If you want to pitch like an elite pitcher then it makes a whole lot of sense to try to model yourself after an elite pitcher. Kind of like when you were a kid and you looked up to some older brother or some celebrity. You might have worn the same cloths as them or listened to the same music as them because you knew the more you lived like them, the more it may be possible to understand and become them. As odd as it sounds, this isn't a bad idea. I have to admit, I did it in my career and it worked. The problem becomes, when is it too much?
Pitching Video Analysis
With video analysis at the amateur or youth level, it is a great opportunity for the young athlete to step into the shoes of their ideals for a moment. It gives the pitcher the hope that if I can just move like the elite pitcher then I can accomplish what he has accomplished. I would confirm this theory and say yes, there is a chance this could happen but here is the problem. Video analysis allows us to slow down time and see things that we can not see with the human eye but at the same time, it forces us to loss track of time. This is critical because time is the measurement of speed or velocity and if your ultimate goal is to increase your speed or velocity then this can become a major problem. This is why to much analysis can result in what is called, "Analysis Paralysis." The more we get caught in analysis as athletes, the more we slow down. This is very dangerous to ones career because the higher levels of the game are separated by time. This means, the higher levels have faster athletes, which create a faster game. If you can not compete at these speeds then you will never make it to these higher levels. This is why you must use video analysis wisely.
The Theory of Real Time and the Athlete
I am going to explain here why we slow down as an effect of over analyzing a personal skill. This may be to far out in left field for you, so if you are not staying with me, just jump to the last paragraph.
The main reason for "Analysis Paralysis" is because we begin to transfer our muscle control from a subconscious level into a conscious level. This means we start to move our bodies with our brains, instead of with our nervous system. This is like when you are first learning a dance move and you feel like a goof ball as you are starting to learn the dance but overtime as you get more comfortable with the movements, you begin to relax and enjoy yourself. It always happens this way because as you start learning the dance, you are using your thoughts to control your movements and then as you continue the pattern of movements, your nervous system is alerted that this is a pattern and then your nervous system takes control of the repetitive movement as your brain relaxes into enjoyment. This continues on until the brain tells the nervous system that a new pattern has begun. Another way to understand this theory in your everyday life is the next time you are driving a car and you take a right or left turn, notice that you never once thought to your self, "OK, [Your Name], grab the wheel at 12 and 6 o'clock and rotate the wheel counterclockwise for a total of 3.75 rotations." This would more than likely cause an accident and you may feel that you need to be committed into a mental hospital. This is because if you had to do this every time you took a left turn in the car, the process would slow down your reaction time because you are having to verbalize and visualize the entire process while it is actually happening. This adds a complexity to a simple process and prevents the skill from occurring effectively in real time. This is what happens when we over analyze our pitcher delivery. We get so caught up in the analysis, that our brain is doing all the work and our nervous system is never given control. This will also produce pitching mechanics that may look like an elite pitcher on film but your speed and pitching velocity has suffered.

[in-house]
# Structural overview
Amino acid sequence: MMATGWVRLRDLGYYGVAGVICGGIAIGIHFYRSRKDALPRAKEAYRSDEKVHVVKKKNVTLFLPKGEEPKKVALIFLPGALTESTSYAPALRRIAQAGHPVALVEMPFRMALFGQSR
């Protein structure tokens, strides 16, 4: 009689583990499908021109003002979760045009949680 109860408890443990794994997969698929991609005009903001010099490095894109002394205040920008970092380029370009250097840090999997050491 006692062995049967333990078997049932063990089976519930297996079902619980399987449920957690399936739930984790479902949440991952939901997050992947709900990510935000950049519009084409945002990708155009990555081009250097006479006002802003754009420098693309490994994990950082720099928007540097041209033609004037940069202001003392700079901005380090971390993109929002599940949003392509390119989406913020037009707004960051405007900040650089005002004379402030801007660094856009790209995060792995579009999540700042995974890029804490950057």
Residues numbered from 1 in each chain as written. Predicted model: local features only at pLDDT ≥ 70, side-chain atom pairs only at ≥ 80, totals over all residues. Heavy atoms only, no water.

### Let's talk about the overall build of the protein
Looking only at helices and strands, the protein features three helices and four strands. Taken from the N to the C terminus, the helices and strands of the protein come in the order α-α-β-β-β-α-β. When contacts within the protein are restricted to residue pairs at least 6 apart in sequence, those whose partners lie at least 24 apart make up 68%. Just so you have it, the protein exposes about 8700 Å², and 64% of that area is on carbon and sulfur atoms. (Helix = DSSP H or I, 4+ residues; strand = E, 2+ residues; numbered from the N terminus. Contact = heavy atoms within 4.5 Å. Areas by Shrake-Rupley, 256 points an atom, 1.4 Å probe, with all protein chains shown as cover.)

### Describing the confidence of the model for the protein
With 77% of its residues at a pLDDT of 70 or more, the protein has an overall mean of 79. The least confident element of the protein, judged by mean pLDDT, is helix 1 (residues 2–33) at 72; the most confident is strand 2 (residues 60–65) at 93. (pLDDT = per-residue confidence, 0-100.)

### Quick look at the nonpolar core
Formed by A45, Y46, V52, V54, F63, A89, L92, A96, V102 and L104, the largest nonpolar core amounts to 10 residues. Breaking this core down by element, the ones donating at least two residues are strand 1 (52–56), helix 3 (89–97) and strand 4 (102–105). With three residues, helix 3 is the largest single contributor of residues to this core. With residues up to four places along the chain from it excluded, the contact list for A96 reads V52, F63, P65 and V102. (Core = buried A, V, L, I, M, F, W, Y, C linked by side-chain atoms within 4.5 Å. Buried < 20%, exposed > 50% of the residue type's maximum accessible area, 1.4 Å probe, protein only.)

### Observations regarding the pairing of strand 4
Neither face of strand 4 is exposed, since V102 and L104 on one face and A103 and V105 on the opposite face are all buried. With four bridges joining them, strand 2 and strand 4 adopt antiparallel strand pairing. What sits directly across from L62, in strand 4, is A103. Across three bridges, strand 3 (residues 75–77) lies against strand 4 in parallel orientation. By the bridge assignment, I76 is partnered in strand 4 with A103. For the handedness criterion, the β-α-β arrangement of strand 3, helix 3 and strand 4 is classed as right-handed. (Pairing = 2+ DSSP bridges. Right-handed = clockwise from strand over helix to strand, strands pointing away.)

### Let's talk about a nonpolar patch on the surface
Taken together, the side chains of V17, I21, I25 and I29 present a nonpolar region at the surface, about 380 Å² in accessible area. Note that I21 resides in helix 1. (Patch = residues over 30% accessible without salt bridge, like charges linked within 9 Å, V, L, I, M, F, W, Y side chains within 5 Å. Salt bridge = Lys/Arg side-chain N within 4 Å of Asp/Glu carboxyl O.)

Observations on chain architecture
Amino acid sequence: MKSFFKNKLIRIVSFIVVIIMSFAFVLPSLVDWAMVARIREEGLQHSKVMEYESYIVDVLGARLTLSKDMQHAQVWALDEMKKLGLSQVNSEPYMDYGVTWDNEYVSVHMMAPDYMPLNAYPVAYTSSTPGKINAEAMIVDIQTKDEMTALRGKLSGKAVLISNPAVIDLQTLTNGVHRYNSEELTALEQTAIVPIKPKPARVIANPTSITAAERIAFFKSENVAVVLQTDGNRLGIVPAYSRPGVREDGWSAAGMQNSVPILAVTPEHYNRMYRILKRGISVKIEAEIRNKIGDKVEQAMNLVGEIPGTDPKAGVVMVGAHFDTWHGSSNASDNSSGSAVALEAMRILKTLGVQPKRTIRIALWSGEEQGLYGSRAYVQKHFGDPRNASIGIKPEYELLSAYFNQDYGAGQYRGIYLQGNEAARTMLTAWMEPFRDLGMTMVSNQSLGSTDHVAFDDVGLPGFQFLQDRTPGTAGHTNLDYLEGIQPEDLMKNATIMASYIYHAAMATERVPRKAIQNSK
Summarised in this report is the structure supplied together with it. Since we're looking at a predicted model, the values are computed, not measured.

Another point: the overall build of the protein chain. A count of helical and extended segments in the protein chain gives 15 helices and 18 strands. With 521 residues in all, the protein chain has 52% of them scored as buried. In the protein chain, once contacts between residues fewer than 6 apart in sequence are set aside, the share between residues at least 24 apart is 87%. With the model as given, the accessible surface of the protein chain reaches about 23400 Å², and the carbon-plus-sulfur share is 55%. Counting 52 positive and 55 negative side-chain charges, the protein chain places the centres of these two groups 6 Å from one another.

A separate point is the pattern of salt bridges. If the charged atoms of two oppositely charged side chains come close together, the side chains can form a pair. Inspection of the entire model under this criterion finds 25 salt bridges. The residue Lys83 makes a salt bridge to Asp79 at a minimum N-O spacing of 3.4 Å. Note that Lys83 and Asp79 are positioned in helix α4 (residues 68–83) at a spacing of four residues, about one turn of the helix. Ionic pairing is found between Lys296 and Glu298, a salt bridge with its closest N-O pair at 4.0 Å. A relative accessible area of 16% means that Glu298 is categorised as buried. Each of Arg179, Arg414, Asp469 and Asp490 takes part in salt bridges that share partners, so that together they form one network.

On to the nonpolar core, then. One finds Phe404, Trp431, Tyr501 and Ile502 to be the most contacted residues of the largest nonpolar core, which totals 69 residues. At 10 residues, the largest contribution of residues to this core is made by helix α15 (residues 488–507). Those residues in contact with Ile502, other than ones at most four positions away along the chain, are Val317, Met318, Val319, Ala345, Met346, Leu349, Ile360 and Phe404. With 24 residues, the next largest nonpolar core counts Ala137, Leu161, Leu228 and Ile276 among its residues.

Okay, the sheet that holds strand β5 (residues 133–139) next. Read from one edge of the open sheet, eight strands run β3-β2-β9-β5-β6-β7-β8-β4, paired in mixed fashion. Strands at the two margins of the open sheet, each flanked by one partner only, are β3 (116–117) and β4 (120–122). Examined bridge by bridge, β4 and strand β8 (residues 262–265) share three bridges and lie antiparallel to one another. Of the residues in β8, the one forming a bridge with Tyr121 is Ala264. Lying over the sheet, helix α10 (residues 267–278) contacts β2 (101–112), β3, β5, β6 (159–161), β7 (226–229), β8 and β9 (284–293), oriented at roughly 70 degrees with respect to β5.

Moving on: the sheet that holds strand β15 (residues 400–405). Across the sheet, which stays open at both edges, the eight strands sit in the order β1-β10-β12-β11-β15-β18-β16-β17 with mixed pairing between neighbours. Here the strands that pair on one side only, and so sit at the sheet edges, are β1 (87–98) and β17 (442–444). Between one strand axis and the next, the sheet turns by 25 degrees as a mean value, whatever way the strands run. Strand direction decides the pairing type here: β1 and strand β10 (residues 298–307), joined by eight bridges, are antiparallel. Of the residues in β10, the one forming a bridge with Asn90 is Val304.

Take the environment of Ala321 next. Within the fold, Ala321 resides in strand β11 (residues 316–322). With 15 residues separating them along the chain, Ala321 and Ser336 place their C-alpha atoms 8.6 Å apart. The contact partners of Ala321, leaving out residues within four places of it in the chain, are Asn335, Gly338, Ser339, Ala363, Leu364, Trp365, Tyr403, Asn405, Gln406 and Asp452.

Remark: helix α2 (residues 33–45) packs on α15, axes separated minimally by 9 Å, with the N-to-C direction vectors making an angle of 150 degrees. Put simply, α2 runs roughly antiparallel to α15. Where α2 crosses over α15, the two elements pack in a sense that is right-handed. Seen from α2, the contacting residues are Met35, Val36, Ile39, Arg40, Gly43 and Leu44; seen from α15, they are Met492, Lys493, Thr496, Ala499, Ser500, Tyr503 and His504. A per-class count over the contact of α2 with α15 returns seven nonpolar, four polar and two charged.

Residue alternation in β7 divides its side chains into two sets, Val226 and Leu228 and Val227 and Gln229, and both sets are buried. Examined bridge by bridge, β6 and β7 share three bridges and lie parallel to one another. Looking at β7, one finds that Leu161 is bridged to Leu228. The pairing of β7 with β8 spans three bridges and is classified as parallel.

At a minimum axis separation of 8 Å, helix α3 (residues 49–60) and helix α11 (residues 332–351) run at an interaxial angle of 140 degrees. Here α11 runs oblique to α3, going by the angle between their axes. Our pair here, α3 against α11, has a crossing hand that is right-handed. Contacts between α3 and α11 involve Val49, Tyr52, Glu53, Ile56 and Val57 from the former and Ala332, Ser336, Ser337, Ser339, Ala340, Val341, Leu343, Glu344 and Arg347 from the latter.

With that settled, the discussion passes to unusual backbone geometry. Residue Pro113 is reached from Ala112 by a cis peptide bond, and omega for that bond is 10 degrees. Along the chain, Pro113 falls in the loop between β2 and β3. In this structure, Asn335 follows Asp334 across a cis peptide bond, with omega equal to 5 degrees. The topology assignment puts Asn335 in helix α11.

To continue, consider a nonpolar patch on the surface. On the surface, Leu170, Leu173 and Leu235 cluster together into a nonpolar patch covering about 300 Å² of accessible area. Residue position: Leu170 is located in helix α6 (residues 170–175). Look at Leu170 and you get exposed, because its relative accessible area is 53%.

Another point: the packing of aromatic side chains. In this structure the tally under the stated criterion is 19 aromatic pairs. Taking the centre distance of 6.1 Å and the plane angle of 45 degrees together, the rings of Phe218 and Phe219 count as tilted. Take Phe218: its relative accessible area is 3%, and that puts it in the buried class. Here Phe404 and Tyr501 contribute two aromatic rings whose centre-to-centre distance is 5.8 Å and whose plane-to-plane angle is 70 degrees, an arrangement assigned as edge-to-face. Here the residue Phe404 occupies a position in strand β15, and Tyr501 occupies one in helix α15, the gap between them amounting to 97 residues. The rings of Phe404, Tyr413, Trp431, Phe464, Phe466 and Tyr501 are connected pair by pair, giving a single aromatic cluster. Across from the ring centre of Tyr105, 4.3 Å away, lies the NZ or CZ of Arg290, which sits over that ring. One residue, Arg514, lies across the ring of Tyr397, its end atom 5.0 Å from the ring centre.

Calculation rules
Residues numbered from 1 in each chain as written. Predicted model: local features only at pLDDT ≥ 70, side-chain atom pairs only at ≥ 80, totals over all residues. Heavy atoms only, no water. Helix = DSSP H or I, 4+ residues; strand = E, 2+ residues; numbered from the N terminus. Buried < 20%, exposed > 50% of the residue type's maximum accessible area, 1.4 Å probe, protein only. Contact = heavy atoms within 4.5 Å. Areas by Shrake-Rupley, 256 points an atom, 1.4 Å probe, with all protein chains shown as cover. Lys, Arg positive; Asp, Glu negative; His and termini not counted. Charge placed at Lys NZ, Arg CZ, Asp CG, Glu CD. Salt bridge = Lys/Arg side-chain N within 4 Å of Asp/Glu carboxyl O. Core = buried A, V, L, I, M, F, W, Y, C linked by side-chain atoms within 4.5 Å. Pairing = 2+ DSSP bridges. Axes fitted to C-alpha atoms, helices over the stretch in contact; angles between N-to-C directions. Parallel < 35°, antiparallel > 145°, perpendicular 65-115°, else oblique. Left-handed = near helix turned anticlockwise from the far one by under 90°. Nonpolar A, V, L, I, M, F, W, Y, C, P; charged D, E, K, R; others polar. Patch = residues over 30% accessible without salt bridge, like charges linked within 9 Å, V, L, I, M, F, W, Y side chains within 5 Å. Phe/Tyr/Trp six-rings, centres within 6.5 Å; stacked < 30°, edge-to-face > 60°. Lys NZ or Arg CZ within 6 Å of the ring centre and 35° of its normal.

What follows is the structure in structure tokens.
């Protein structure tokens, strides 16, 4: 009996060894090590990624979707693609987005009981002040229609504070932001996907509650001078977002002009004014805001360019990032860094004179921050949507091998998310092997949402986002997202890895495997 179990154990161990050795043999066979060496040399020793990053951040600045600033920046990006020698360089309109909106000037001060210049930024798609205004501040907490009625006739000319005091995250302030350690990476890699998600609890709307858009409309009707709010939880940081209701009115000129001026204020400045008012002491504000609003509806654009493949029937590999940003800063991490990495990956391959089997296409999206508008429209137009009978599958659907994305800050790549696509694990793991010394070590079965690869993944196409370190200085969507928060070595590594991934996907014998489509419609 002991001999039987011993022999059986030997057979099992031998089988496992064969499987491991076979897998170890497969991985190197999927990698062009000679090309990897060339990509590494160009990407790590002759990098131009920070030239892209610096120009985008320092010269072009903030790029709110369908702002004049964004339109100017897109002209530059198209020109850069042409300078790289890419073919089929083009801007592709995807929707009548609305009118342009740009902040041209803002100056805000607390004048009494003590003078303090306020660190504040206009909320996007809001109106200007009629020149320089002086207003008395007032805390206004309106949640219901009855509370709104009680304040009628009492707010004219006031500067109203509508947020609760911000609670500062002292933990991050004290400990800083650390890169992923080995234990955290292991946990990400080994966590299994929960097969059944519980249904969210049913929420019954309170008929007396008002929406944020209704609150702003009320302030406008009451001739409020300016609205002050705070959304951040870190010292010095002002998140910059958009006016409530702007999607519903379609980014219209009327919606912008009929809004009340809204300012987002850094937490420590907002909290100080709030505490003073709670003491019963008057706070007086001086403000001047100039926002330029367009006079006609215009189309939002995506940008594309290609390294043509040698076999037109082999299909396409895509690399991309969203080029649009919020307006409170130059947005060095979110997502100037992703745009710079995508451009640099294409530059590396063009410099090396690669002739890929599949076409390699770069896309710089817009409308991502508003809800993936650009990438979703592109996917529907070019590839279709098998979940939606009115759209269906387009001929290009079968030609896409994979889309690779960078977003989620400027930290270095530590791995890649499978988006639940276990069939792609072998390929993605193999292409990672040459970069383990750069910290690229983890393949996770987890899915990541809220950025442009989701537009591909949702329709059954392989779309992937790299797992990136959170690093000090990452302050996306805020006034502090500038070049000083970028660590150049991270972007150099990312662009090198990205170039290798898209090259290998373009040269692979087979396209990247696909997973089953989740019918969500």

The most effective way to use video analysis is only a few times a month. You need to keep the big picture that if you are going to become an elite pitcher, you not only have to have similar mechanics as the elite pitcher but you must move through these mechanics with similar speeds. So when you get a video analysis of you pitching next to an elite pitcher here at Topvelocity.net, you also need to get the speeds of the pitcher and then work to match his speeds as well. For example, if his vertical is 38 inches then your vertical needs to be 38 inches. If his 60 yard dash is 6.6 seconds then your 60 yard dash needs to be 6.6 seconds. Don't just be satisfied with having similar mechanics on film of an elite pitcher because you could then fall victim to, "Analysis Paralysis."
To understand this process of learning elite mechanics like the 3X mechanics in full detail, I recommend that you now read this article on the 3 Stages of Learning.